Agricultural Research Division of IANR


Date of this Version



Published in Weed Science 61:4 (October-December 2013), pp. 549-556; doi: 10.1614/WS-D-13-00015.1


Copyright © 2013 The Weed Science Society of America. Used by permission.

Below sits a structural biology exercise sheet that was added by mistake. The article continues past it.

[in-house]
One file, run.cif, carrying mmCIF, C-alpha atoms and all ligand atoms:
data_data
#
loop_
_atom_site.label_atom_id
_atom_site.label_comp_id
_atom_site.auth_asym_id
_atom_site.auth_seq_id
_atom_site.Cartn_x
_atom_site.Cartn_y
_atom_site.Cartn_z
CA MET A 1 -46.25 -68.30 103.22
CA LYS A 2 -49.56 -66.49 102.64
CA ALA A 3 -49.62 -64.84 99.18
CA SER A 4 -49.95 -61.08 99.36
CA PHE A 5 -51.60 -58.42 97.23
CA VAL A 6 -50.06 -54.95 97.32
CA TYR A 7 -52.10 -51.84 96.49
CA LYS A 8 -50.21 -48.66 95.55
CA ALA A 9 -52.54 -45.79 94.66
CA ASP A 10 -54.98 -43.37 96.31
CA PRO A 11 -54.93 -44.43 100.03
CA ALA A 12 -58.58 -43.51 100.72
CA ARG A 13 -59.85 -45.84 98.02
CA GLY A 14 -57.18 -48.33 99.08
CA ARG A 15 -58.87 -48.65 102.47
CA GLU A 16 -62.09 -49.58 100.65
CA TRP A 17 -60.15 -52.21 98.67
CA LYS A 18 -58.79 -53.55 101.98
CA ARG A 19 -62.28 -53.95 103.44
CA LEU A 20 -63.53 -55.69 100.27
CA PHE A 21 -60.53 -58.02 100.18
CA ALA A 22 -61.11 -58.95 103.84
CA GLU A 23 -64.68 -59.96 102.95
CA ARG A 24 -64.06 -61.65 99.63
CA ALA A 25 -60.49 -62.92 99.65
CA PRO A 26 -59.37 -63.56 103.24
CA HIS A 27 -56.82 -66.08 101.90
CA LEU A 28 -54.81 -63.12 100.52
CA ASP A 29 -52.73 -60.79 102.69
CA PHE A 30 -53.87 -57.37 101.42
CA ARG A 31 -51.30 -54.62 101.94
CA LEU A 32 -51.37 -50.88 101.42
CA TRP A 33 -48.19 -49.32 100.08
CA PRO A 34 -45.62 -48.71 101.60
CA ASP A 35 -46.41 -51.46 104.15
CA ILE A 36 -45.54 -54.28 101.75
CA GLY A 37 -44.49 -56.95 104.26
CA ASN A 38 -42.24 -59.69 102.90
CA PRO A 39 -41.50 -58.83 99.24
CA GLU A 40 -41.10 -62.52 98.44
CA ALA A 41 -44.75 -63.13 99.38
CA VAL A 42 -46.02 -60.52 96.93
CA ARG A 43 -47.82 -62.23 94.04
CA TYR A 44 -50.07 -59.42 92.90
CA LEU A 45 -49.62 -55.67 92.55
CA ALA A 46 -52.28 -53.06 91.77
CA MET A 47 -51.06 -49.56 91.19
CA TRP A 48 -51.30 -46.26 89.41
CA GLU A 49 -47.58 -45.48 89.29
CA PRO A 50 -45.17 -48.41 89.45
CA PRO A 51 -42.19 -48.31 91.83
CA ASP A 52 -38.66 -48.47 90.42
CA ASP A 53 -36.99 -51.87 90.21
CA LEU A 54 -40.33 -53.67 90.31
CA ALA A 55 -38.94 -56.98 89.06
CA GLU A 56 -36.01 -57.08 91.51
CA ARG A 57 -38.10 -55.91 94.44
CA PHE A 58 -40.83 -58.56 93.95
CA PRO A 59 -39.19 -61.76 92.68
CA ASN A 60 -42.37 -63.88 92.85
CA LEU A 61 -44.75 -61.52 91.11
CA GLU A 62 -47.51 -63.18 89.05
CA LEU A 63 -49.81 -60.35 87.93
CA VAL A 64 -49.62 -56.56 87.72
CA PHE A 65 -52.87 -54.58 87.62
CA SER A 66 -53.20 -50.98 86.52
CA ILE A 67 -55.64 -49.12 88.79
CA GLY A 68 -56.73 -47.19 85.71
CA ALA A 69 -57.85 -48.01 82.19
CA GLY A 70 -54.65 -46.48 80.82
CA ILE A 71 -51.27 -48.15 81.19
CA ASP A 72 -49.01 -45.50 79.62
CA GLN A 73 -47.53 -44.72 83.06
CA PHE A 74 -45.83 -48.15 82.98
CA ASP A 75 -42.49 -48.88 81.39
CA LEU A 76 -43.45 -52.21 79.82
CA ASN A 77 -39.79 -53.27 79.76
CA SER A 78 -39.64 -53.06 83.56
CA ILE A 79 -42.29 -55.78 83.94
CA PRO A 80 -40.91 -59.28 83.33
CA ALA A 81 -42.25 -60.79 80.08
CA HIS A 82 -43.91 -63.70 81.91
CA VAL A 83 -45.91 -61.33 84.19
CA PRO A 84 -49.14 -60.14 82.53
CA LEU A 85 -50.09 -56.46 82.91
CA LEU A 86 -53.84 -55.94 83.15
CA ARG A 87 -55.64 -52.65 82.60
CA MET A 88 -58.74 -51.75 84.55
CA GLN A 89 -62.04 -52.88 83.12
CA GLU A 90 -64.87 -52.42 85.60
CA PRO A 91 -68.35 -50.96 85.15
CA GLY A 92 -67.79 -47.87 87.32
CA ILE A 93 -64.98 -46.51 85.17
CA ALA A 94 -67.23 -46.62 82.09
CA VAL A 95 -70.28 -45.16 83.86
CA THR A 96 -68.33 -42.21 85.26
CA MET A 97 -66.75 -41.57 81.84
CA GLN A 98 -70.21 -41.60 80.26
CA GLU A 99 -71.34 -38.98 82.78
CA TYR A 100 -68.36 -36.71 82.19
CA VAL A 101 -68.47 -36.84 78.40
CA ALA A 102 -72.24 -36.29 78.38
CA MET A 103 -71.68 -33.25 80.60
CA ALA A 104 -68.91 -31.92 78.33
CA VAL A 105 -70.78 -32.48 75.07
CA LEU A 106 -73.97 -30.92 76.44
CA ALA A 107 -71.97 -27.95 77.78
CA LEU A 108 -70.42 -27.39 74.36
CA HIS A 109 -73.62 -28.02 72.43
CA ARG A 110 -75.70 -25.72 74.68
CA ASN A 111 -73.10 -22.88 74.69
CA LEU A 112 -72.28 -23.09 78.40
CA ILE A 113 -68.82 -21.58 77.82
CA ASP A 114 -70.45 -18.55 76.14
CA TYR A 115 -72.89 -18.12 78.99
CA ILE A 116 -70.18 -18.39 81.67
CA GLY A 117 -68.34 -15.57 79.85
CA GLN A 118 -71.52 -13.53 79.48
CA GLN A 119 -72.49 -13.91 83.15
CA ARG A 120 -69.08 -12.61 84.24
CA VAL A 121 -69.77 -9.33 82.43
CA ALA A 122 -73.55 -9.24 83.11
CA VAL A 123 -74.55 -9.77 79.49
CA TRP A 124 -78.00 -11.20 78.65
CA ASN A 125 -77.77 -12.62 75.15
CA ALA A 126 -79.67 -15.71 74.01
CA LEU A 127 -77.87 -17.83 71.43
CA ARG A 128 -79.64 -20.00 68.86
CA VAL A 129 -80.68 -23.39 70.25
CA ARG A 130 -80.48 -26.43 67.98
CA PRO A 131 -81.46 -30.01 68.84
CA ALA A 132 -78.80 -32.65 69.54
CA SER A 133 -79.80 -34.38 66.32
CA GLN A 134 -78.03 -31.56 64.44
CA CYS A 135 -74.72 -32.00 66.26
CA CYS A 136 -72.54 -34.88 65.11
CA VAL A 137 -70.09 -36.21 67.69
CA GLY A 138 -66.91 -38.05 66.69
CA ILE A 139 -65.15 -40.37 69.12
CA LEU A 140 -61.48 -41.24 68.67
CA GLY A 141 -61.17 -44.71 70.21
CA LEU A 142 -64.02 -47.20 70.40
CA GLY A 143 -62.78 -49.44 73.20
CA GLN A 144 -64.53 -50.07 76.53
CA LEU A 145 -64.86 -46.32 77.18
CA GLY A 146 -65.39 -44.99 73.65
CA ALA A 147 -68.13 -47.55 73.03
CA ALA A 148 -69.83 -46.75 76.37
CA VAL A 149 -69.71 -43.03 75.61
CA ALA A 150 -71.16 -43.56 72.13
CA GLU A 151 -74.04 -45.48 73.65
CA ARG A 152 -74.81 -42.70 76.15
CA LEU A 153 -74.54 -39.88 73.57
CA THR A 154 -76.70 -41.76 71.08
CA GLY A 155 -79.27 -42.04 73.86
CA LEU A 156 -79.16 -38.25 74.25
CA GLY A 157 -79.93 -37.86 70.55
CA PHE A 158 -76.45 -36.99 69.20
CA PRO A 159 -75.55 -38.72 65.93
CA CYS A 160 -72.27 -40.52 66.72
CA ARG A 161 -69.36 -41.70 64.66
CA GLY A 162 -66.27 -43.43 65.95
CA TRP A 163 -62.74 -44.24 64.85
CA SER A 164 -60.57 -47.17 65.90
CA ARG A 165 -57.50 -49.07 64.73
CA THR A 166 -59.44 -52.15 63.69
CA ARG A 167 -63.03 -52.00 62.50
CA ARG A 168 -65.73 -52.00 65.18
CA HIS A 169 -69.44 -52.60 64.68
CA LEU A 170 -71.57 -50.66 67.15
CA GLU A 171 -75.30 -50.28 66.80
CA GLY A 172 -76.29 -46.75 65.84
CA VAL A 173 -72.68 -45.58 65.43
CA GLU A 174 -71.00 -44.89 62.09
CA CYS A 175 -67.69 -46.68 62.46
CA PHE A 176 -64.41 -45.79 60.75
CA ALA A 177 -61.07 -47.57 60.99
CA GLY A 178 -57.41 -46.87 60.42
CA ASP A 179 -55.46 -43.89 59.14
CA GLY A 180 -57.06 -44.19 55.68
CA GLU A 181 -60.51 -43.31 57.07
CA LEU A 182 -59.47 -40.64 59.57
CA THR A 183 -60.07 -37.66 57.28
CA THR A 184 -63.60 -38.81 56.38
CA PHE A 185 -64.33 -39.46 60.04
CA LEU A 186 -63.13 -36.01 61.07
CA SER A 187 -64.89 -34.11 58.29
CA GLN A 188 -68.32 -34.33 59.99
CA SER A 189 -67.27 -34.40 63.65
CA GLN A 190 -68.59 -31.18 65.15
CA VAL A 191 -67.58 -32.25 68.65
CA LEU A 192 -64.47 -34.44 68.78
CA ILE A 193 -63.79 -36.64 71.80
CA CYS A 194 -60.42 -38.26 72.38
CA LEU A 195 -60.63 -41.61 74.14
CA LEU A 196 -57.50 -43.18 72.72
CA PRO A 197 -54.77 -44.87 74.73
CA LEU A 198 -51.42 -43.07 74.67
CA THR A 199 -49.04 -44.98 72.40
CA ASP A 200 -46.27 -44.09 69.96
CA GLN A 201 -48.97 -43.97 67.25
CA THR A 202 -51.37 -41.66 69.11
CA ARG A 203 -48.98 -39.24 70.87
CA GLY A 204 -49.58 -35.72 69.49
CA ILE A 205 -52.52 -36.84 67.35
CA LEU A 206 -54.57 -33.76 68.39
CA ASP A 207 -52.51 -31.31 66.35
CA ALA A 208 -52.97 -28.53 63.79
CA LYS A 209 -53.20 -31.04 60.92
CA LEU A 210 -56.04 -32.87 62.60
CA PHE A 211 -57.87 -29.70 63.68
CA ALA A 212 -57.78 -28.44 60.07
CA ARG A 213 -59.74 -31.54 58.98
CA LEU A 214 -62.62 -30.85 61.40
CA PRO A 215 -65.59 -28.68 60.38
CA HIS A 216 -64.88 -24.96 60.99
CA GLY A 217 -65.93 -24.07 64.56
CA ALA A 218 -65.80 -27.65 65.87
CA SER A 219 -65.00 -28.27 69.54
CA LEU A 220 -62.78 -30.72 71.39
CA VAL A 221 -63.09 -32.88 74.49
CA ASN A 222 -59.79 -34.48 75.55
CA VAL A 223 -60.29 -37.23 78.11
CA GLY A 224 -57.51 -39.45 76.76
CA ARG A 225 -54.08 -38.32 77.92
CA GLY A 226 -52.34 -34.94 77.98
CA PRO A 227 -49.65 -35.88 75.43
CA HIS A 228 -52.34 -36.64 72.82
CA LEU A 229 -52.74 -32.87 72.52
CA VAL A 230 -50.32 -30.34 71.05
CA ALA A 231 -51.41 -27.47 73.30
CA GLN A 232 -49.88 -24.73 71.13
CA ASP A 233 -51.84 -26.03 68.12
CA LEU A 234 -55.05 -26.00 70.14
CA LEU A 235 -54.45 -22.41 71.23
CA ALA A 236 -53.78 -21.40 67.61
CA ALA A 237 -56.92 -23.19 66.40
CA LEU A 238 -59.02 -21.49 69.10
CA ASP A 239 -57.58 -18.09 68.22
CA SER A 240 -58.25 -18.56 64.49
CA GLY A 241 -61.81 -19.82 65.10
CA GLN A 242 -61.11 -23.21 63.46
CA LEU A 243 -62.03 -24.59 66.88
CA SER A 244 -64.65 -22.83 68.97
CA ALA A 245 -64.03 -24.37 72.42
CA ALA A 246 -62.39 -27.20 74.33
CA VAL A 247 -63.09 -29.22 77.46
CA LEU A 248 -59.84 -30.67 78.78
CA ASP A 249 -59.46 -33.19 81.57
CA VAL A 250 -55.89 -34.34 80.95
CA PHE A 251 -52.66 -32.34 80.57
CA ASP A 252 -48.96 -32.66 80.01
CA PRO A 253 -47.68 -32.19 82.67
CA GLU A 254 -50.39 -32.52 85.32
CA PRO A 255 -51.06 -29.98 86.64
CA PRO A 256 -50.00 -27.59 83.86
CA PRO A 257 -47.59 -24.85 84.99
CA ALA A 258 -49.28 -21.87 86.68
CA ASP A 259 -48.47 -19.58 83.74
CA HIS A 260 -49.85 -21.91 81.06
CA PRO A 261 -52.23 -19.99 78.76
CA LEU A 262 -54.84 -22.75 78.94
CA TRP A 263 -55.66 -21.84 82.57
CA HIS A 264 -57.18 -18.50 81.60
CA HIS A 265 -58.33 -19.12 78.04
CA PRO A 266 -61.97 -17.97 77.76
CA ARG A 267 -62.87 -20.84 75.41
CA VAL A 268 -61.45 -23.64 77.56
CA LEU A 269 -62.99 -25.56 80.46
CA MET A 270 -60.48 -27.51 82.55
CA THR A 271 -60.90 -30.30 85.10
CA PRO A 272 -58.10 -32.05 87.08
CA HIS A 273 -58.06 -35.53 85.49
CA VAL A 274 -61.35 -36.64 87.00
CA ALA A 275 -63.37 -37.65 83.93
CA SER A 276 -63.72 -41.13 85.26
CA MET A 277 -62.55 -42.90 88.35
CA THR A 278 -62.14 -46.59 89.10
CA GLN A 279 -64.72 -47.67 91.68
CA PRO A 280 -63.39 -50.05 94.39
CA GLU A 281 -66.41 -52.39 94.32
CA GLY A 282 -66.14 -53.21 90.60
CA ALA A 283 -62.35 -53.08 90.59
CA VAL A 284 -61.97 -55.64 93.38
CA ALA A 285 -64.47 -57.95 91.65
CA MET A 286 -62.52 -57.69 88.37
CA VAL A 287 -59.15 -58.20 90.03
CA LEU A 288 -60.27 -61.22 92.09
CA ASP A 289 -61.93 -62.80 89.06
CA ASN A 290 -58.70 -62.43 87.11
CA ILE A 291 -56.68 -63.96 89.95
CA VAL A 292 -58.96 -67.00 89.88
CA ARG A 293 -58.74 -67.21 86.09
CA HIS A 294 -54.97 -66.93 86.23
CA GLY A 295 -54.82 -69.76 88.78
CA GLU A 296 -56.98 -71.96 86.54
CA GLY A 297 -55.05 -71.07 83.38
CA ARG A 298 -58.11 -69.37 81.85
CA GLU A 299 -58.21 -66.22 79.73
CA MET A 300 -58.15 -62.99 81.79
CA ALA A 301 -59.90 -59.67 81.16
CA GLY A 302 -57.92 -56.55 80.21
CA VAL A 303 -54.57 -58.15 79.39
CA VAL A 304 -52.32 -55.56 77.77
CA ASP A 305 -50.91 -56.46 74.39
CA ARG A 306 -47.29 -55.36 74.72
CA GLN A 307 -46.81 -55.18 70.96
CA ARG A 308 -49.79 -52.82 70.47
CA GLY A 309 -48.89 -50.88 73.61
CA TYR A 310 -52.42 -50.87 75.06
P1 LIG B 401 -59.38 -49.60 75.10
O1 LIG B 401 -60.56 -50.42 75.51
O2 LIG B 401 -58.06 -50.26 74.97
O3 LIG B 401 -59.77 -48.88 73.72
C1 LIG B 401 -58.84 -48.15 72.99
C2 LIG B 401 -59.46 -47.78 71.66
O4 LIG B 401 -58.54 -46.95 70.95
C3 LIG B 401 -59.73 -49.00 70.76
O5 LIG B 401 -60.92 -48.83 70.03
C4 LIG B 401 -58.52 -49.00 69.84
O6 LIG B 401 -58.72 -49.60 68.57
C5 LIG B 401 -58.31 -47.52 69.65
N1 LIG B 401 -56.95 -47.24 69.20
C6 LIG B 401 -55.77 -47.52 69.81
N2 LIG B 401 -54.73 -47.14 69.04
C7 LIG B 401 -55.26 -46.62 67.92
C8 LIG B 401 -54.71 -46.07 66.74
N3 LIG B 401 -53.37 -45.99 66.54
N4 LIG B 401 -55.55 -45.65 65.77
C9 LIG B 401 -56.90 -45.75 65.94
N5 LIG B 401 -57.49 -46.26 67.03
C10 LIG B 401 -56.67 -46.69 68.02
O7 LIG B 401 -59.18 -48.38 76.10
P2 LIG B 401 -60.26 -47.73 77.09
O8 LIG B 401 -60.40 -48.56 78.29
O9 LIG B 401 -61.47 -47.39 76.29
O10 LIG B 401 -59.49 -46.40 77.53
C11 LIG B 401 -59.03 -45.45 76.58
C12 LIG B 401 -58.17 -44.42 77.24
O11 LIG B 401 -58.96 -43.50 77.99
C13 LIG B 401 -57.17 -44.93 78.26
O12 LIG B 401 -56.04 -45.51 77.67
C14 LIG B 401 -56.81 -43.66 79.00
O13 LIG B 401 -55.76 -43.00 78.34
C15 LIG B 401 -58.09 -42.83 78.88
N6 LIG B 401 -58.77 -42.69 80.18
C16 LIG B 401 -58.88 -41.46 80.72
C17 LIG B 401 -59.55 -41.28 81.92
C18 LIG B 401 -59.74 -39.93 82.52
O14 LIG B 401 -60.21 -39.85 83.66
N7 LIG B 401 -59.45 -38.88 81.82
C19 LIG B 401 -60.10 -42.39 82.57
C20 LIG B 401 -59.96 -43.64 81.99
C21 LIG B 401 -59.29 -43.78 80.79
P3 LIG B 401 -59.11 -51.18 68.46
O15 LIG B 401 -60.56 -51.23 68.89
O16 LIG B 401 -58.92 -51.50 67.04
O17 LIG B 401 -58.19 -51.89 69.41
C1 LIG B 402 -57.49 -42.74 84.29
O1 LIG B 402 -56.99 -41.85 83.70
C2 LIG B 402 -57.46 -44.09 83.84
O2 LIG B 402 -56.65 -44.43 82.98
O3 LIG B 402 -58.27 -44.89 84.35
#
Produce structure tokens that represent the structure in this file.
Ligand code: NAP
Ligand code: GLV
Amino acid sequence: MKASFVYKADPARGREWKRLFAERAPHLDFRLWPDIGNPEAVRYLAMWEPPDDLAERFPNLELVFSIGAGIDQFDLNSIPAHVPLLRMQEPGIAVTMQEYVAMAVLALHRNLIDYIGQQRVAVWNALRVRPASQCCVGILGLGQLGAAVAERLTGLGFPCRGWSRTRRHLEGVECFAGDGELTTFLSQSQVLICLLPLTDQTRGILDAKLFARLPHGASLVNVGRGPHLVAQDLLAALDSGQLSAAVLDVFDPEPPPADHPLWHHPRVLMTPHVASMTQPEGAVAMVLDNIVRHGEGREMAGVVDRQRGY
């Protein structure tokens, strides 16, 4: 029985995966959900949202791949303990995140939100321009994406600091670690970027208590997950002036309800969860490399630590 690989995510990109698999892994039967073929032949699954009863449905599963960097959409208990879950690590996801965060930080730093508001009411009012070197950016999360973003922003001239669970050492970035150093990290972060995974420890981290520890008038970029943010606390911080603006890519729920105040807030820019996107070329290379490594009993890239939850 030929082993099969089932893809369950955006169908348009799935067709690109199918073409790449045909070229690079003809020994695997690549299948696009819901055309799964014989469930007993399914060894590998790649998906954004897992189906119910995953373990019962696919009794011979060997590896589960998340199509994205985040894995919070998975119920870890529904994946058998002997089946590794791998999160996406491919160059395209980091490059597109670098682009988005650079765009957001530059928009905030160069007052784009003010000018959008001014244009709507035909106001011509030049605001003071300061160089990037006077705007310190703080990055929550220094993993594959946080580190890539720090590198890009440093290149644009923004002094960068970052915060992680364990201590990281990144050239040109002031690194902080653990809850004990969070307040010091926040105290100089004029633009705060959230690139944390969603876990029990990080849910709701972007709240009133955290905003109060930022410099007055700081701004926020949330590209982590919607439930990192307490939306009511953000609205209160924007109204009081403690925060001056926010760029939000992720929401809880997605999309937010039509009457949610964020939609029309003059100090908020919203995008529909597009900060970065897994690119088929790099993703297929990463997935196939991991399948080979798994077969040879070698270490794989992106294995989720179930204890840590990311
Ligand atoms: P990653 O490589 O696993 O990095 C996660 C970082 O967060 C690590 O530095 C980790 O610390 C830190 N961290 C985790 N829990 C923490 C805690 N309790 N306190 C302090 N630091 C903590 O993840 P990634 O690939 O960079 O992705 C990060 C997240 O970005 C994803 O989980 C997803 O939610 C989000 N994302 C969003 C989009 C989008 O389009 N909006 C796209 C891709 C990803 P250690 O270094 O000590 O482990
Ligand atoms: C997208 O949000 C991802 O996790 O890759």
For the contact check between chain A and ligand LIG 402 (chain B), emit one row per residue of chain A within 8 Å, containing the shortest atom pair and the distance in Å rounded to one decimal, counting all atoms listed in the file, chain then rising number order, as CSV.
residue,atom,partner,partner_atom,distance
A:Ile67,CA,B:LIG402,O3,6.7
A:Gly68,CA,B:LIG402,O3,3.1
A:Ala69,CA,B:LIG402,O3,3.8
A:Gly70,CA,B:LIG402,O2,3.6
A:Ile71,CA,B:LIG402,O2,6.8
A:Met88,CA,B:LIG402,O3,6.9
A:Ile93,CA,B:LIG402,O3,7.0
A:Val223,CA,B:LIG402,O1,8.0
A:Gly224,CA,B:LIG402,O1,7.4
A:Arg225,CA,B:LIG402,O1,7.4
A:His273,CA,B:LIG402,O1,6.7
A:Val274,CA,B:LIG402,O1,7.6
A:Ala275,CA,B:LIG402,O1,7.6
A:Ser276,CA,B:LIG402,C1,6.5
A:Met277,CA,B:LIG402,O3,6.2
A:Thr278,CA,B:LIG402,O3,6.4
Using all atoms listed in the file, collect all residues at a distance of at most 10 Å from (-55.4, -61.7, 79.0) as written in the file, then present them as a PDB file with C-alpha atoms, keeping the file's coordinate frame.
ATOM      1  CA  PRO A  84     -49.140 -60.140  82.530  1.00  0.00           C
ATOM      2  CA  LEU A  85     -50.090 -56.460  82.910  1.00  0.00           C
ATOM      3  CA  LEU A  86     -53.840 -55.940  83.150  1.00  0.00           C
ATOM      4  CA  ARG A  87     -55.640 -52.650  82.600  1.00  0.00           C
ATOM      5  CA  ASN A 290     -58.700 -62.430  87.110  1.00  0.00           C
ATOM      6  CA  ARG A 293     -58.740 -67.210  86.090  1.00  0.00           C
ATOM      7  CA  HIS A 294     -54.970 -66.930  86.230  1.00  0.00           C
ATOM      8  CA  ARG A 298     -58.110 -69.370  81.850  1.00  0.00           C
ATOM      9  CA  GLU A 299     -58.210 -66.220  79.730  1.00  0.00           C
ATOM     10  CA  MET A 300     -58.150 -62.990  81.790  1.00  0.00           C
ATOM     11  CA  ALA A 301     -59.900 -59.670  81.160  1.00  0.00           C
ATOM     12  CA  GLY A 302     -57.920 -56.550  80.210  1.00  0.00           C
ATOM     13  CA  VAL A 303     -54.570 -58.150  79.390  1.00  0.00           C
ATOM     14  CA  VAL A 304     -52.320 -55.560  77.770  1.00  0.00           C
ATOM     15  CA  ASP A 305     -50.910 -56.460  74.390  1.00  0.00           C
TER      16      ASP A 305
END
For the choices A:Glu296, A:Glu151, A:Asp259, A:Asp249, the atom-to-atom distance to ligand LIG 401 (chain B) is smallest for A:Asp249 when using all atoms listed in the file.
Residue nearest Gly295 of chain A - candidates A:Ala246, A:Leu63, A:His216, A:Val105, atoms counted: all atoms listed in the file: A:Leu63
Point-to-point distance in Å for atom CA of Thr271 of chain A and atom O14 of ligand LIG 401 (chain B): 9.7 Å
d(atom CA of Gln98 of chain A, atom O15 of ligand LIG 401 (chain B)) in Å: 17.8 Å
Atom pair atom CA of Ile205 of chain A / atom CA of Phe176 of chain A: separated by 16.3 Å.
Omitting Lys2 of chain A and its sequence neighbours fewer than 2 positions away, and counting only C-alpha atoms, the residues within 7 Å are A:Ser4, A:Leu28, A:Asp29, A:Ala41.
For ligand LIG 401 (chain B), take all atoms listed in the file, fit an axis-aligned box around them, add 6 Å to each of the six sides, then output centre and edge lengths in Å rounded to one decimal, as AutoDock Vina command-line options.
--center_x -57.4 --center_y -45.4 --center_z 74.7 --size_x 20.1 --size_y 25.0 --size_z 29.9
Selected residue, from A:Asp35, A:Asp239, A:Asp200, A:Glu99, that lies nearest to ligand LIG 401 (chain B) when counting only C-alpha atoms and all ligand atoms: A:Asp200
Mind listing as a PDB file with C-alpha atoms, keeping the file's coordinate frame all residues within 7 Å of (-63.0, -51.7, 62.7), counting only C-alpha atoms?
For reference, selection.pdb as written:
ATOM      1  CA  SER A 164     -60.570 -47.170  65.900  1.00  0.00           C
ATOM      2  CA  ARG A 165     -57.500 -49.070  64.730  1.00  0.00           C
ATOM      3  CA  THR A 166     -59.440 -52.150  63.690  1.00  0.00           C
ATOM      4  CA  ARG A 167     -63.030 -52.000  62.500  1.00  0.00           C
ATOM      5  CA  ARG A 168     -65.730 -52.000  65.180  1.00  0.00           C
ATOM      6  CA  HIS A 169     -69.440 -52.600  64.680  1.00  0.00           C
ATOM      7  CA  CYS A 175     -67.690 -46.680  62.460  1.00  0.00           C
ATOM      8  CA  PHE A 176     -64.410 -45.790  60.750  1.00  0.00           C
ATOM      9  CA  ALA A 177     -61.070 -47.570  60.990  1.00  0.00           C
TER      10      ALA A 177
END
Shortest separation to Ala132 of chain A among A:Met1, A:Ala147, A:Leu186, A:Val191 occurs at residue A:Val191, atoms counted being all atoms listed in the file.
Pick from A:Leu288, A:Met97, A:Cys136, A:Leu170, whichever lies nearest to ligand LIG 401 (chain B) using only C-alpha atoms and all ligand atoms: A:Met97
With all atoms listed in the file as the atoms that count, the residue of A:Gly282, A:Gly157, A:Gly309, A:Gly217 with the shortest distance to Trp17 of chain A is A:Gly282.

Musk thistle is an invasive weed that is widely distributed throughout much of North America, including grasslands in temperate climates of the midwest USA. A series of laboratory and greenhouse experiments were conducted to determine the effect of various environmental factors on germination of musk thistle seeds. In temperature-fluctuation experiments, seed germination was greater than 65% in both alternating (30/20 C) and constant (20 or 25 C) temperature regimes with an 8-h day but less (33%) in warmer regimes (35/20 C). Germination of musk thistle seeds was 37% in alternating temperature regimes of 30/20 C in total darkness, but less than 67% in pots in the greenhouse. Differences of 10 and 15 C between day and night temperatures resulted in 91 and 75% maximum germination of musk thistle, respectively. Increasingly dryer soils reduced germination of musk thistle seeds from 35% (−0.03 MPa) to 0% (−1.2 MPa), whereas saline soils (> 80 mM) reduced maximum germination to less than 10%. Musk thistle seeds collected from populations in a bare-ground area had 96% germination, which was greater than that of seeds collected from populations growing in a perennial grass pasture (71%). A residence time (i.e., period that seeds remained on the parent plant) of 9 to 12 wk after capitulum maturity resulted in seeds germinating more quickly than those dispersed earlier. Overall, reduced light levels, cool and fluctuating temperatures, and amount of time seeds remained in residence are some of the most important factors that contribute to germination of musk thistle seeds. Information on germination dynamics of musk thistle seeds provides an understanding of the interactions that affect this process and underscores the importance of timely management strategies in temperate grasslands.